Saturday, 22 January 2011

Define thyself.

I’ve been AWOL for a bit due to more hours at work. It’s still not full time, but the travel and the early mornings (ergo, early nights) have meant that I haven’t fancied sitting down in the front of the computer more than I have to. I’ve also had less time for reading, but I will have a review up on VL this week. I’m also planning a big one for mid February – comparing a 15th century text with its modern-day counterpart. I shall say no more till then…

Apart from that, I’ve been wondering the last week or so about definitions. How do you define yourself? It’s pretty important really. Your definition of yourself affects how you approach the world. But who can define themselves in one word? There’s probably a handful of words that you would use to define yourself, to say “This is the person I am” – cheerful, ugly, intelligent, happy, pessimist, sexy, creative, lucky. But do you also define yourself by what you do, by your job?

When I was at uni, despite also working at least two days a week I defined myself as a “student” because that’s what I was. I was only working in retail because I was a student. As I’m currently working 4 days a week as a receptionist and my days of being a student are over, I’m wondering how I’d define myself now. Say I get talking to someone in a bar and they ask “And what do you do?” How would I respond? I would probably say, “I’m a receptionist,” because that’s what I am, that’s what I’m paid for. I’m also not very comfortable telling strangers “I’m a writer.” You inevitably face the “Have I read anything of yours then?” question which can be very embarrassing if, like me, you’ve only had a couple of short stories and poems published. The only person who has read my complete published works is my Mum. An unpublished novel is not half as impressive once people realise that it’s just unpublished, not unpublished-at-the-moment-but-it’s-due-out-in-March.

But in my heart, I don’t consider myself a receptionist. It’s what I do to earn money, to pay bills, buy clothes, books and paper. It is not who I am. In my heart I am a writer. I write every day, even it’s just my diary. No, I’m not a career writer. I don’t have things regularly published and it doesn’t pay my bills. But I think about it constantly. My characters live in my head. I will write on anything, including my arms, in the middle of the night when I can’t find my notebook (everyone knows when this has happened because it ends up on my face) When I’m in the bath, I chatter away into a Dictaphone (the best present ever for someone who narrates long passages when up to her neck in bubble bath and then can’t remember a word of it when she can touch her notebook without water logging it). I read books and have one of three reactions:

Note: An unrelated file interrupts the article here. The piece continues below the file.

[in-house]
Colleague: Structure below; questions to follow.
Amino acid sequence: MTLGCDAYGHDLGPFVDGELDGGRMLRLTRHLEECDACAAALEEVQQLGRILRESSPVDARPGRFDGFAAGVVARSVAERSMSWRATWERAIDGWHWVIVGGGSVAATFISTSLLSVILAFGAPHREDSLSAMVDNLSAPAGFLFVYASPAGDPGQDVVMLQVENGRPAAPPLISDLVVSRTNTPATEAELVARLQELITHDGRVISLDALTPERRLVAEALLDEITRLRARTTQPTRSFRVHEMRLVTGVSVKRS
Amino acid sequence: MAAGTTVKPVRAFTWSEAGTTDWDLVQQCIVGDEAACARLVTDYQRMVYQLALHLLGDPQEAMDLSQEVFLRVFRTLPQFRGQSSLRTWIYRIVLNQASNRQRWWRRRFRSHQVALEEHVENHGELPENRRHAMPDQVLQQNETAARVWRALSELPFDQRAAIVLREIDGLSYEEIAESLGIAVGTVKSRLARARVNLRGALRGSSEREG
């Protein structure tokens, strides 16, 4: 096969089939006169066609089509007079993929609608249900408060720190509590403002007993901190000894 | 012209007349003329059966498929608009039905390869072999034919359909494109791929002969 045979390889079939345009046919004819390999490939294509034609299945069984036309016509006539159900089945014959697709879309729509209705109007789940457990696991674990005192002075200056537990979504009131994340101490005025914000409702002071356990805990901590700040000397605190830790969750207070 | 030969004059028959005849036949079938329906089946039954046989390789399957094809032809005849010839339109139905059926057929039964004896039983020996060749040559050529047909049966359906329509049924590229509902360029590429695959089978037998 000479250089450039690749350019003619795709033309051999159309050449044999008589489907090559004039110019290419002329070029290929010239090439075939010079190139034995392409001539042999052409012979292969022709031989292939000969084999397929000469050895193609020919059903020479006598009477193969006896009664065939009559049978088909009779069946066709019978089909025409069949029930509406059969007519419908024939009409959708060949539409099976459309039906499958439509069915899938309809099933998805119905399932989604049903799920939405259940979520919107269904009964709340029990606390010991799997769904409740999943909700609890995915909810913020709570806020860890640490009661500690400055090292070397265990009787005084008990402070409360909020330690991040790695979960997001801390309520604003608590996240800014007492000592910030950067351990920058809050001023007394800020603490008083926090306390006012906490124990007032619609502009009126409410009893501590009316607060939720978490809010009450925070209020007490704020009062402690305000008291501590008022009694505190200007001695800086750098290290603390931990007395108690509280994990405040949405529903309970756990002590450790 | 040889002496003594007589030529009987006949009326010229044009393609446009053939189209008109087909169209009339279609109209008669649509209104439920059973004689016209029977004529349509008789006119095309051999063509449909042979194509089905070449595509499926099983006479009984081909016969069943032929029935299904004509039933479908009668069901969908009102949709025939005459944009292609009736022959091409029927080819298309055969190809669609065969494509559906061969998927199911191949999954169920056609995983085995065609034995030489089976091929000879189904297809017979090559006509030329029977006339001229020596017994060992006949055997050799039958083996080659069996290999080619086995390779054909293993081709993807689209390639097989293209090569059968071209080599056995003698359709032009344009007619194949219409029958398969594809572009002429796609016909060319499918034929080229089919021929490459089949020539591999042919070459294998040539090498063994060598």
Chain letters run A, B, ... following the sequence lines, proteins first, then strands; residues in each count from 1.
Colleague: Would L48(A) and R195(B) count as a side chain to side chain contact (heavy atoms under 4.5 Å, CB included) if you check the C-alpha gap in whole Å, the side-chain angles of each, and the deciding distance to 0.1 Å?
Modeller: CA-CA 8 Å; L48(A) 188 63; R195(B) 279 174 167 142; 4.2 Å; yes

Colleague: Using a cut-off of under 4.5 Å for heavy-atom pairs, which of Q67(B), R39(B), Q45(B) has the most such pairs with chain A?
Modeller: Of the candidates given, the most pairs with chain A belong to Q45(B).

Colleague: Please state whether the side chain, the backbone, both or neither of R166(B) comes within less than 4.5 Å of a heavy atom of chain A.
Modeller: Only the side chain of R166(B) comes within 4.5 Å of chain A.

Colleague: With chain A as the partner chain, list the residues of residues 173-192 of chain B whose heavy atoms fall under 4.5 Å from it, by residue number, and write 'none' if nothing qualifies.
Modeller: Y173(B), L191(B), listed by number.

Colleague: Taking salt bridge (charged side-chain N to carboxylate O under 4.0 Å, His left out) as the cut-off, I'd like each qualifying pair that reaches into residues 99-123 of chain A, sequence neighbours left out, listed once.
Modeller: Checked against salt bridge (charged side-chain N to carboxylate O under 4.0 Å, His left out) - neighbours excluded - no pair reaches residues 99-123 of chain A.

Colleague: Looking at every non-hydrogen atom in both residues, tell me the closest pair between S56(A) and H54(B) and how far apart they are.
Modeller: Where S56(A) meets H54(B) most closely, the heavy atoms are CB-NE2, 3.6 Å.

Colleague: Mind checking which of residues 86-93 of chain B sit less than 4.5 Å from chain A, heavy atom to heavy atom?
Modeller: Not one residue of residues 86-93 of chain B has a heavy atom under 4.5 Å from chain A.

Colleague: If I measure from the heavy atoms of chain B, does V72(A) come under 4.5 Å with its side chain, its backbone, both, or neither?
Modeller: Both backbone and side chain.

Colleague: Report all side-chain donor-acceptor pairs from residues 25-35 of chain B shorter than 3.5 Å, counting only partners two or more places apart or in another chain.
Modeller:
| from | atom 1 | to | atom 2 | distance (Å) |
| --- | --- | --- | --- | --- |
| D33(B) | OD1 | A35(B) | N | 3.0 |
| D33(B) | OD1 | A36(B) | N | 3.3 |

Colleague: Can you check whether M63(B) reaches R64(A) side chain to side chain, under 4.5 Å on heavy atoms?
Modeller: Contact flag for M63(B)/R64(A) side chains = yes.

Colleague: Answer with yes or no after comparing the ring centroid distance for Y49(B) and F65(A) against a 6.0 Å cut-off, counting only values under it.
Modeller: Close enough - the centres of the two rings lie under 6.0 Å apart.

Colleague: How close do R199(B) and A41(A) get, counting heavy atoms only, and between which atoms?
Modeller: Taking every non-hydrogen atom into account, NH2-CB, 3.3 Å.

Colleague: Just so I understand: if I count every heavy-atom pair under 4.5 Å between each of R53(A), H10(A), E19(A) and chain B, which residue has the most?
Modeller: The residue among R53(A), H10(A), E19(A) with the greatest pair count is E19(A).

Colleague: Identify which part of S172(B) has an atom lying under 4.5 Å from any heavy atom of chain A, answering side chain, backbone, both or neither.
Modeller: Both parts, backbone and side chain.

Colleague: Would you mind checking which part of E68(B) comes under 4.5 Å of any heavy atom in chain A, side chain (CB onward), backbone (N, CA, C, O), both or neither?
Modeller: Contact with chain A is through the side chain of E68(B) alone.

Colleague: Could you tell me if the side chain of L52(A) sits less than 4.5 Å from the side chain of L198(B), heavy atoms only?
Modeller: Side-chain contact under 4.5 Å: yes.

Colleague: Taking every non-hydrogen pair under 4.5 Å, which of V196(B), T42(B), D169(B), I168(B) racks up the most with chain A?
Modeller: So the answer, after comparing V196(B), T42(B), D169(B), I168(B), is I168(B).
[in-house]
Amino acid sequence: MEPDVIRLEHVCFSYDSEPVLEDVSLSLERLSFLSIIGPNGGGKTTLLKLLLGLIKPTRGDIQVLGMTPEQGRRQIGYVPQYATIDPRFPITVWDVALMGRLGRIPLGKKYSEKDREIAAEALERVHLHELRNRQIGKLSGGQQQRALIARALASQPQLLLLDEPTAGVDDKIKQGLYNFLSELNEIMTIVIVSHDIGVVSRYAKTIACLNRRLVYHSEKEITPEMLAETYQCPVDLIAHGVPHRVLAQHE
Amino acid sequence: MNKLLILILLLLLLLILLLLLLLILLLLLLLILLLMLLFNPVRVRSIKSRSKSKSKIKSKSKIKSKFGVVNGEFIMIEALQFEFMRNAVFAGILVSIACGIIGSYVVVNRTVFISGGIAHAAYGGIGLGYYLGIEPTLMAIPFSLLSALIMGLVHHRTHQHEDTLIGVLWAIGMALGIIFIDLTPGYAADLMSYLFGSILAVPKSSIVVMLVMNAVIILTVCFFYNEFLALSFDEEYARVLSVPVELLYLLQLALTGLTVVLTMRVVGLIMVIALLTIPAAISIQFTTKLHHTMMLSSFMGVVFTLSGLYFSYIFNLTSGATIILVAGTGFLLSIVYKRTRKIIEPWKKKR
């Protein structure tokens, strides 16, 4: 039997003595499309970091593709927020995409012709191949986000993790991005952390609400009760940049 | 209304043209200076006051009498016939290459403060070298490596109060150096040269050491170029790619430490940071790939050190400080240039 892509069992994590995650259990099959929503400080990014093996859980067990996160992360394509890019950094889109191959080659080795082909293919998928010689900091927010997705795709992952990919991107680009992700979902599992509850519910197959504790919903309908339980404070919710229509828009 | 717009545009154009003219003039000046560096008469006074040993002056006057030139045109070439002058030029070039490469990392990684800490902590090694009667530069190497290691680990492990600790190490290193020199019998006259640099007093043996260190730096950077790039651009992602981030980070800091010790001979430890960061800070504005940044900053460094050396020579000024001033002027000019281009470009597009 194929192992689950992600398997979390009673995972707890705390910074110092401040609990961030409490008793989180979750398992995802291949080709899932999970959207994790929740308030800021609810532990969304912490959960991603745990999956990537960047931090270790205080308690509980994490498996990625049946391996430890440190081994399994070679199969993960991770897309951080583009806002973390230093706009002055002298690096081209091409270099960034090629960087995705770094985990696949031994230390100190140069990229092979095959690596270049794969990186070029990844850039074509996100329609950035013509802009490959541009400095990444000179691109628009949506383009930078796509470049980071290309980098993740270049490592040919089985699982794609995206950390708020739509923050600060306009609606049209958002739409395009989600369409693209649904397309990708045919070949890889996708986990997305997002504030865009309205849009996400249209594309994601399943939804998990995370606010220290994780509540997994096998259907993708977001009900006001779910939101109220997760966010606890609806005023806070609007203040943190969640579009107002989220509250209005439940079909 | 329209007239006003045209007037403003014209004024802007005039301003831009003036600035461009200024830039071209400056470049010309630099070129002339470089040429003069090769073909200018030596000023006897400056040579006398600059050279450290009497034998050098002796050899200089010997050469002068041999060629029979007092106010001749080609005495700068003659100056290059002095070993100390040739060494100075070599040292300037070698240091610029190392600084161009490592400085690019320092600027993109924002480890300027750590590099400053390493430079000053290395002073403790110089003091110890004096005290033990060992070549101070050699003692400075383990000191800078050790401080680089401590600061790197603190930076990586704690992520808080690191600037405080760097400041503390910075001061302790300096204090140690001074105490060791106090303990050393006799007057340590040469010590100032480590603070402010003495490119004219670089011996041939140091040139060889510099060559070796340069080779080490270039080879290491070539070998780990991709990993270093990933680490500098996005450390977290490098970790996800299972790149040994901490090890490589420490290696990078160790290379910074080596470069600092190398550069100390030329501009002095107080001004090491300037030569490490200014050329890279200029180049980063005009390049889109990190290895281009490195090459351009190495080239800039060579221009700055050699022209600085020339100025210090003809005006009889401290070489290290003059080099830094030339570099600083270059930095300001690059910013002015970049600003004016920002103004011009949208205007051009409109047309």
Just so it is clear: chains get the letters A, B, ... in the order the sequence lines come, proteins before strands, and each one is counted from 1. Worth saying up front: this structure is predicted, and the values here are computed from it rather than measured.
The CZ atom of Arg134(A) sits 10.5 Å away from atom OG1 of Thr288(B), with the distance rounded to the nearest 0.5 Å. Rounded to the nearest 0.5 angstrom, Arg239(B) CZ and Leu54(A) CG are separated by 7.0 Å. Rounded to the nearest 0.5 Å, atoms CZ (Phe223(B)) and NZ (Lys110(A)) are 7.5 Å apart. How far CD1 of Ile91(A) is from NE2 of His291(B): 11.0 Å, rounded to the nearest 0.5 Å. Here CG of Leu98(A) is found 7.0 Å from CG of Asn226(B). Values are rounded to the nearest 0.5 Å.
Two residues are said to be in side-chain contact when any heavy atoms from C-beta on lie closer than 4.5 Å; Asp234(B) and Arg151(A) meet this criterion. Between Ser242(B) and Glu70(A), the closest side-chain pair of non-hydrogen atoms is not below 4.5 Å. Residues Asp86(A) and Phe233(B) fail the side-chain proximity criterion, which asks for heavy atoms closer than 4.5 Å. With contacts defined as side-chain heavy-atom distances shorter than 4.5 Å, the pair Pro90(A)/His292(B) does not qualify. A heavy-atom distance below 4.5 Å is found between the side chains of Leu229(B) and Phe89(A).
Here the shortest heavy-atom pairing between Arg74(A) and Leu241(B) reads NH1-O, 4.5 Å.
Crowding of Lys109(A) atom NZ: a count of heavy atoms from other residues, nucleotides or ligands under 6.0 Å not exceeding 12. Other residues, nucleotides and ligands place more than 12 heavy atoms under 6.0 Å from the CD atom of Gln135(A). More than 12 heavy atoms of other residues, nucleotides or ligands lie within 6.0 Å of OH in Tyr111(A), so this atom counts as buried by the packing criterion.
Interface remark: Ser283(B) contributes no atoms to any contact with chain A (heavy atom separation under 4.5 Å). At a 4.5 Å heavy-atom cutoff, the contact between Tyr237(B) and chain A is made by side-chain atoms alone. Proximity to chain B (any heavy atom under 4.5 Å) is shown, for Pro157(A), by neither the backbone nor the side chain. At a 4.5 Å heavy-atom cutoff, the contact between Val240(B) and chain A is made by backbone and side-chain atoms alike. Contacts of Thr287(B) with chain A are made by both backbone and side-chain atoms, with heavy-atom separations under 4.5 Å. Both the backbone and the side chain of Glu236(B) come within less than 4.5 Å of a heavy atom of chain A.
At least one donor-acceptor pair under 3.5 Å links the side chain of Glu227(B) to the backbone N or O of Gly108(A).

1. Here’s where I think they went wrong...

2. Hmmm, I would have done this… (believe it or not, but that’s the genesis of Novel Number 1).

3. That was brilliant, I wish I had written it.

Even if my published tally remains a couple of short stories and poems, I won’t stop writing. If you told me I’d never publish another word I’d still write because I wouldn’t know what to do with myself otherwise. I’d have to take up… oh, I don’t know. Oil painting. Dog breeding. Pottery.

So, should you ever meet me in a bar and I say I’m a receptionist, remember how I really define myself:

Londoner. Vegetarian. Optimist. Passionate. Writer.


  1. I think your passion will out - it is easy for someone of my elegant age to say you make things happen, but you do - actually I had to swallow my tongue to say that - however, don't worry where you are, keep going for your goals. I don't suppose your friends give a flying ferret for your present position but they will be lapping at your table once your talent is recognised. (Me too.)

  2. DOT, you put a smile on my face on an otherwise grim and grey morning. Thank you!